One recent example of one of these women who thrives comes from a survivor, whom we will call Danielle. This is her story:
After being court ordered to rehabilitate in Charleston from drug-related crime, Danielle met her abuser in her recovery program. Shortly after getting together, Danielle's boyfriend relapsed and along with the renewed substance abuse came mental, physical, and emotional abuse. Despite her best efforts to maintain her sobriety and meet her goals, Danielle couldn't get ahead and became, as she said, "a prisoner in her own home."
Finally, enough was enough. Danielle packed her things in her car and after a week of working up the courage, she told her abuser that she was leaving early for work. At the risk of relapsing again, Danielle decided to seek refuge at the YWCA Charleston Resolve Family Abuse Program's domestic violence shelter instead of going back to her hometown. After a week at the shelter, Danielle decided to give her abuser a second chance and returned to their apartment. Within just thirty minutes of being back, she quickly realized she had made a horrible mistake. Leaving his place, Danielle made a tearful phone call to the RFAP admitting she was wrong, and didn't know where to turn. On the other end of the crisis line, the staff member comforted her, invited her to return to the shelter, and remained on the phone with Danielle for the remainder of the drive.
Ashamed of making the choice to return to her abuser, Danielle was surprised to not be guilt tripped and was instead welcomed back with open arms at the shelter. After that moment, her life changed for the better - and she didn't look back.
Once Danielle was ready to move forward from the emergency shelter, she didn't feel ready to go out on her own again. With a felony conviction from years prior, she was stuck in a low-paying job and unable to access many resources. Fortunately, the Alica McCormick Homes were ready to offer Danielle a safe, secure place to live for up to 24 months. During that period, Danielle was able to continue working toward her short-term goals of saving money for a place to live and paying off debt so she could obtain utilities in her own name. Through ongoing case management and staff assistance, she was able to work through the expungement process for a felony that had created seemingly insurmountable barriers to employment and permanent housing. Danielle said that without the YWCA programs, she probably would have relapsed and either returned to jail or been killed by her abuser.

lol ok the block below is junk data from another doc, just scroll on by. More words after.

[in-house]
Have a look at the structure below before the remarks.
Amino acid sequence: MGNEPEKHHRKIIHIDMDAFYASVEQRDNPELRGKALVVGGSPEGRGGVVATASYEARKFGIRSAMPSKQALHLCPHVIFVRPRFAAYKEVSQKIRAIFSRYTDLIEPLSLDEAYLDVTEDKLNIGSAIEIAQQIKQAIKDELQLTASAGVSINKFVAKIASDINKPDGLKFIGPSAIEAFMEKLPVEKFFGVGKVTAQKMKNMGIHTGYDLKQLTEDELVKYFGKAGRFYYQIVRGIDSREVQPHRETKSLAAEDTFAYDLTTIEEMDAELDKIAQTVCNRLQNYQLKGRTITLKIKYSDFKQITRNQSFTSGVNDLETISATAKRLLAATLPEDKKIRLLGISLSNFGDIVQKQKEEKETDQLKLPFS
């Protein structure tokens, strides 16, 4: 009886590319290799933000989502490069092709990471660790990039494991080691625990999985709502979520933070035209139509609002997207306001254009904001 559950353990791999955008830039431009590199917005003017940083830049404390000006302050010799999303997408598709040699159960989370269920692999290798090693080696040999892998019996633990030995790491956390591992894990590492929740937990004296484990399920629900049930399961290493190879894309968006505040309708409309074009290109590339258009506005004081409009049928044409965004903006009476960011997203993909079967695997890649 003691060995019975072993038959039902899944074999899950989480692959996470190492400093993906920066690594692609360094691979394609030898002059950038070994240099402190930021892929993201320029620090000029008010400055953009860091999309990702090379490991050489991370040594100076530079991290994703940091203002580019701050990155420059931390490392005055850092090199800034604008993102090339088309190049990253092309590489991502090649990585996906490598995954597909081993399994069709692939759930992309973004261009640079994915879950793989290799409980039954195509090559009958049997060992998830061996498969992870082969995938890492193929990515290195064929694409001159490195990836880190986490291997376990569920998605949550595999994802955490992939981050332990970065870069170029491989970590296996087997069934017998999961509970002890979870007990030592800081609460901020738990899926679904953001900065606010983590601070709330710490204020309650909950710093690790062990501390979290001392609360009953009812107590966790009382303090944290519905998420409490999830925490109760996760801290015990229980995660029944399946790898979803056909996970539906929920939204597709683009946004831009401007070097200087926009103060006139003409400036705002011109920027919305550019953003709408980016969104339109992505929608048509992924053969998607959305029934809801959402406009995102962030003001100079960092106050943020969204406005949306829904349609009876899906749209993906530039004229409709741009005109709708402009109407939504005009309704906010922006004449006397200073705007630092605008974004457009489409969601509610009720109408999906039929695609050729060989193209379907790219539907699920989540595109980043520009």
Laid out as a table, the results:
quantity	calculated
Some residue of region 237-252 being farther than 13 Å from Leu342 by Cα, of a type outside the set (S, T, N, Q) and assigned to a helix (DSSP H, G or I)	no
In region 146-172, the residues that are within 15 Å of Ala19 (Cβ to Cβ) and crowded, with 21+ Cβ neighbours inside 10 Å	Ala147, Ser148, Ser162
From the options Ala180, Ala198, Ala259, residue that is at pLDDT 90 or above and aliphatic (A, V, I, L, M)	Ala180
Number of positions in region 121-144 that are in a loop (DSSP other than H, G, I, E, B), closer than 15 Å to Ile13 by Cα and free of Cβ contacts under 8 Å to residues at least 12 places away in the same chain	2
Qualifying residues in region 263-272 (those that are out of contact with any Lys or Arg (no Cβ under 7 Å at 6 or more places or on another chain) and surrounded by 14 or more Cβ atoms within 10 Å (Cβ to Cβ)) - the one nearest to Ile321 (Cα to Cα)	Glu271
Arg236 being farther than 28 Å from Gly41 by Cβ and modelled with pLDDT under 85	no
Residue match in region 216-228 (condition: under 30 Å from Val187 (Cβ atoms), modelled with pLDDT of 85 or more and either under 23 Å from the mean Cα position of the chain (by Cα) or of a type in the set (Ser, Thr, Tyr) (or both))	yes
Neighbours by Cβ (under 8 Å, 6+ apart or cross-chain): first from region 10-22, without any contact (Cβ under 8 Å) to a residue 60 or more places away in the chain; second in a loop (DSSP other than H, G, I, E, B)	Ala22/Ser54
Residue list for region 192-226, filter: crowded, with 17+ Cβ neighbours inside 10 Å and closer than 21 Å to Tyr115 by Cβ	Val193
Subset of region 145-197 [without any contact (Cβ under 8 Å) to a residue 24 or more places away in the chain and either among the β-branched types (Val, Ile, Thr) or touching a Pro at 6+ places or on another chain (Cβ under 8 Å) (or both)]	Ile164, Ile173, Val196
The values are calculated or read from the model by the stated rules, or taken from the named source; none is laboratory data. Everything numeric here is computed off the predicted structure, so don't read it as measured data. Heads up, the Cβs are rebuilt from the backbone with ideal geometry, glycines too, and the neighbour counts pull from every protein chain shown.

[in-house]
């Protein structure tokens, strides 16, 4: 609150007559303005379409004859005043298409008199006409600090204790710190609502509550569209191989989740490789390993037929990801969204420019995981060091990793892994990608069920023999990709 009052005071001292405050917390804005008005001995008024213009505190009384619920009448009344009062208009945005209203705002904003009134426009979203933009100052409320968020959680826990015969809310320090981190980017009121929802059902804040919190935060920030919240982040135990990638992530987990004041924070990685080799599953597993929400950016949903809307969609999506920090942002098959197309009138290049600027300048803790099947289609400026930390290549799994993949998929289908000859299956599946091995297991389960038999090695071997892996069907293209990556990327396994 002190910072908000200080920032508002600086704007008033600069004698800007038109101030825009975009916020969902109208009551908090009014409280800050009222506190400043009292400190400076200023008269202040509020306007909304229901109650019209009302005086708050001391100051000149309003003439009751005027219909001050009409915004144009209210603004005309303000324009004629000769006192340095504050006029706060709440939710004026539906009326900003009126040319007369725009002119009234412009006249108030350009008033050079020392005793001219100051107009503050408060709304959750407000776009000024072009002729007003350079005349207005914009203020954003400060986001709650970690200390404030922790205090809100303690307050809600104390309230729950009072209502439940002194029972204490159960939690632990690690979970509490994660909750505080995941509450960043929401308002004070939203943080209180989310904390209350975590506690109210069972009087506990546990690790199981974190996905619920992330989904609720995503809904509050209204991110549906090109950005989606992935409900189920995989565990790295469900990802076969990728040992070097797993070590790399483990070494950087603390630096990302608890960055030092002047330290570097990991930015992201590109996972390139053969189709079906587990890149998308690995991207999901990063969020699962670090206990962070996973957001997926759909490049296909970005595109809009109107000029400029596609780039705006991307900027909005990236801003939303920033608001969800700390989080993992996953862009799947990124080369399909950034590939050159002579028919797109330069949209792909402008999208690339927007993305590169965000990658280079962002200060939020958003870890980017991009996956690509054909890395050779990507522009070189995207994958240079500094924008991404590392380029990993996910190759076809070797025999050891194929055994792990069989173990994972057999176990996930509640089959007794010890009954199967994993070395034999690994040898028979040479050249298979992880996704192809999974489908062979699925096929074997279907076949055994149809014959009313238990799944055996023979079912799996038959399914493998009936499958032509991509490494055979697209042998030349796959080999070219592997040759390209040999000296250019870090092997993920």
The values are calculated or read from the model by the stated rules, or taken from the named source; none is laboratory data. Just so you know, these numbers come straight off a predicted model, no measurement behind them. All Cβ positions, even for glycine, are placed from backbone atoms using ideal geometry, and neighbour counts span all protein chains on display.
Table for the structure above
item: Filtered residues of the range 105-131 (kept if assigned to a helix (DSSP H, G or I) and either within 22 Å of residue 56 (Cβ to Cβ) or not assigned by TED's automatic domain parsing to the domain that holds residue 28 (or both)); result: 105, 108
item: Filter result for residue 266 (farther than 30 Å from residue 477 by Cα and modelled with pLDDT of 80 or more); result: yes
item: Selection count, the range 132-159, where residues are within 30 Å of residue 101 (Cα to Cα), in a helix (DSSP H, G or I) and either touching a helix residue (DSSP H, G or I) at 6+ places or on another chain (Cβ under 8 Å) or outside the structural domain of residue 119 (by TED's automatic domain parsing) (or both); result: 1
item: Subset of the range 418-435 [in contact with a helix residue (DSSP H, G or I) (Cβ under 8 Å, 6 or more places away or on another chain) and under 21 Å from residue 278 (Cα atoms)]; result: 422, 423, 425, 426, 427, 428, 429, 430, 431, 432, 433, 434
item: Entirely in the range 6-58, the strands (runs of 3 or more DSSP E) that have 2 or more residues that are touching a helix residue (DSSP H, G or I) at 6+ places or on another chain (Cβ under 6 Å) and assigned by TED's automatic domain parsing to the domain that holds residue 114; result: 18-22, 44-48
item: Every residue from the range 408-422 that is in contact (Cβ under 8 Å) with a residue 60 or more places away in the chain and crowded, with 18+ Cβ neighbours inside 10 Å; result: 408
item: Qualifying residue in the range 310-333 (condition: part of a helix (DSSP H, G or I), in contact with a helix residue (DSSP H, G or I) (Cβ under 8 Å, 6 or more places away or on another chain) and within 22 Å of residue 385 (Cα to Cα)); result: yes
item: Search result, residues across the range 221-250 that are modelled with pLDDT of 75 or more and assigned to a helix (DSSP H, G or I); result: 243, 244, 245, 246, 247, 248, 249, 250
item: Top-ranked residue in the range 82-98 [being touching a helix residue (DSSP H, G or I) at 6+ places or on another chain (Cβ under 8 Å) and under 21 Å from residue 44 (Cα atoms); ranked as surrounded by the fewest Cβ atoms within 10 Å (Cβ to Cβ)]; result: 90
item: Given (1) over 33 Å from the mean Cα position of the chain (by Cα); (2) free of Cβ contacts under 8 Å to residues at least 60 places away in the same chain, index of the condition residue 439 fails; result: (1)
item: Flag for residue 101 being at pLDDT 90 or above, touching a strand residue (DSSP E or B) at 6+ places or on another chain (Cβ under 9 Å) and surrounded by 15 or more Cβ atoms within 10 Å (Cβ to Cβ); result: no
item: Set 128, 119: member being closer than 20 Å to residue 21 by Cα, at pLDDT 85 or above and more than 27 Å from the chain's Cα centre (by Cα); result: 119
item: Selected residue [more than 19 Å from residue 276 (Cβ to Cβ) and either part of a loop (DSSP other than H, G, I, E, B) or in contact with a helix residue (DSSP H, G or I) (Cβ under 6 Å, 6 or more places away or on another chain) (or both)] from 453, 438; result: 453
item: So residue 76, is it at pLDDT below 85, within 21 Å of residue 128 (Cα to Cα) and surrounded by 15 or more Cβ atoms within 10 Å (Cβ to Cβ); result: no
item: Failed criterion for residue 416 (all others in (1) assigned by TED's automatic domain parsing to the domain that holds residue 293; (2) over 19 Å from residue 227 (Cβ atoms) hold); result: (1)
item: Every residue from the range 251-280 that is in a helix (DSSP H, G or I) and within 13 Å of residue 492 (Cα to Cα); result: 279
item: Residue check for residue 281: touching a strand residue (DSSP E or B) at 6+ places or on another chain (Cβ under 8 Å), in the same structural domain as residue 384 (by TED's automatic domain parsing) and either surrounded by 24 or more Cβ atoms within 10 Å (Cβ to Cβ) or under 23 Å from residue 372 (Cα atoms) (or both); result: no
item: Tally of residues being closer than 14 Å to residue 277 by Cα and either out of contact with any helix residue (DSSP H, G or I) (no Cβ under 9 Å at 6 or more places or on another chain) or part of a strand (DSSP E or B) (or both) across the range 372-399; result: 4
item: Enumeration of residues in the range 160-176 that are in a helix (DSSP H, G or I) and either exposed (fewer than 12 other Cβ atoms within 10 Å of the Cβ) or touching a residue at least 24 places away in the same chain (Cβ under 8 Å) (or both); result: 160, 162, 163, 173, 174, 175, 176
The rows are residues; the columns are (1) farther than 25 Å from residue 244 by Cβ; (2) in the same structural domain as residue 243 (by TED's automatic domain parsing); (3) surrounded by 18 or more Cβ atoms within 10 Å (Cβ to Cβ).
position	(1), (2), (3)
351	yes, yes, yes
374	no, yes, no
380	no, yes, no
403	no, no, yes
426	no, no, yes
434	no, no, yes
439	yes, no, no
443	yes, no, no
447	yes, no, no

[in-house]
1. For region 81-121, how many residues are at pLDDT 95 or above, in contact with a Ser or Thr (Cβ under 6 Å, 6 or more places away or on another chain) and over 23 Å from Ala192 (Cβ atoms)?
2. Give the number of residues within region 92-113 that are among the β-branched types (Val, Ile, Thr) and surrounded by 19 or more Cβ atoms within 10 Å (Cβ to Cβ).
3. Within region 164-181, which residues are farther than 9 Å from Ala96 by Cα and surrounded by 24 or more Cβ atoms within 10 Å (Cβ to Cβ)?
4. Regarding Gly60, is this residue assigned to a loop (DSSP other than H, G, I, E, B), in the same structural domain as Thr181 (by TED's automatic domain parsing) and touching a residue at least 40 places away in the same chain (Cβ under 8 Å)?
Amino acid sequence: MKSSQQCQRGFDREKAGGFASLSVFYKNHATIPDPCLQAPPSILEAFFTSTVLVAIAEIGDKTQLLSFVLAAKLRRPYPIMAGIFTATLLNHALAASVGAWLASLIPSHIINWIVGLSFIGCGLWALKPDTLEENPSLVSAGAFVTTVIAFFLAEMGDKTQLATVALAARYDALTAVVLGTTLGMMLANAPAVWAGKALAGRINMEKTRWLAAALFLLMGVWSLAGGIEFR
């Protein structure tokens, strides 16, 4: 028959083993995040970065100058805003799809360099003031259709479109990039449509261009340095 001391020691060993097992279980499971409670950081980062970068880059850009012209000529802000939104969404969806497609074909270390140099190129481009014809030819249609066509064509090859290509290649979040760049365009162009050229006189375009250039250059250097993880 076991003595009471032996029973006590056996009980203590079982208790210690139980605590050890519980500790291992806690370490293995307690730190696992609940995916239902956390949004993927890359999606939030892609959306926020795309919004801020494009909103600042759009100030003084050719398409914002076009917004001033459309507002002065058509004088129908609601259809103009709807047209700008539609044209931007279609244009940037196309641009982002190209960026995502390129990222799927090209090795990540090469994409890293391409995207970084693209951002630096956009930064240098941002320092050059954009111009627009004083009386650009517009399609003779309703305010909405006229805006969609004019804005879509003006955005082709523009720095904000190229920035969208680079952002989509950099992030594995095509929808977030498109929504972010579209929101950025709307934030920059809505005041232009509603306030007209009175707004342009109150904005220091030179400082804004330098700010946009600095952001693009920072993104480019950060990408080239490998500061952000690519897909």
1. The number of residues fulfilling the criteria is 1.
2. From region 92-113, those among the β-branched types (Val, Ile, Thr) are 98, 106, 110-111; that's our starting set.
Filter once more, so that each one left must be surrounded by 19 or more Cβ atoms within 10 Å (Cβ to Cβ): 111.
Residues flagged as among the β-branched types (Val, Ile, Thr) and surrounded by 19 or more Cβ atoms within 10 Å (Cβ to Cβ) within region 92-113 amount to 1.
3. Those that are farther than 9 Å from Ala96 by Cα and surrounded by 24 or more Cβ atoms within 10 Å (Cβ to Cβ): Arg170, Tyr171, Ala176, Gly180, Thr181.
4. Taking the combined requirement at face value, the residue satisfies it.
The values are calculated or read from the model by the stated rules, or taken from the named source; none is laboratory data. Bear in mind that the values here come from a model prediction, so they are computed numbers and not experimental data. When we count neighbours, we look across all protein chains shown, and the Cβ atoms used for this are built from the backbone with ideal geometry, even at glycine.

Over time, Danielle was able to increase her career skills and confidence to seek a new position. She gained a substantial pay increase and a job with health insurance. Upon completing her stay at Alicia McCormick homes, Danielle lives in her own apartment that she has decorated herself. She enjoys her new job and all the opportunities the future holds. She thrives on being self-sufficient and truly empowered to create her next chapter in life.
The enduring legacy of Alicia McCormick grows every time a woman like Danielle finds that safe place to heal and thrive. Every time a victim finds the courage to leave an abuser, the work of Alicia is honored. When a survivor feels doubt creeping in, but finds the strength to conquer those fears, she blesses the memory of Alicia. Thanks to YWCA Alicia McCormick Homes and the caring staff who carry on in Alicia's footsteps, there are more and more women gaining their confidence and starting new lives every day.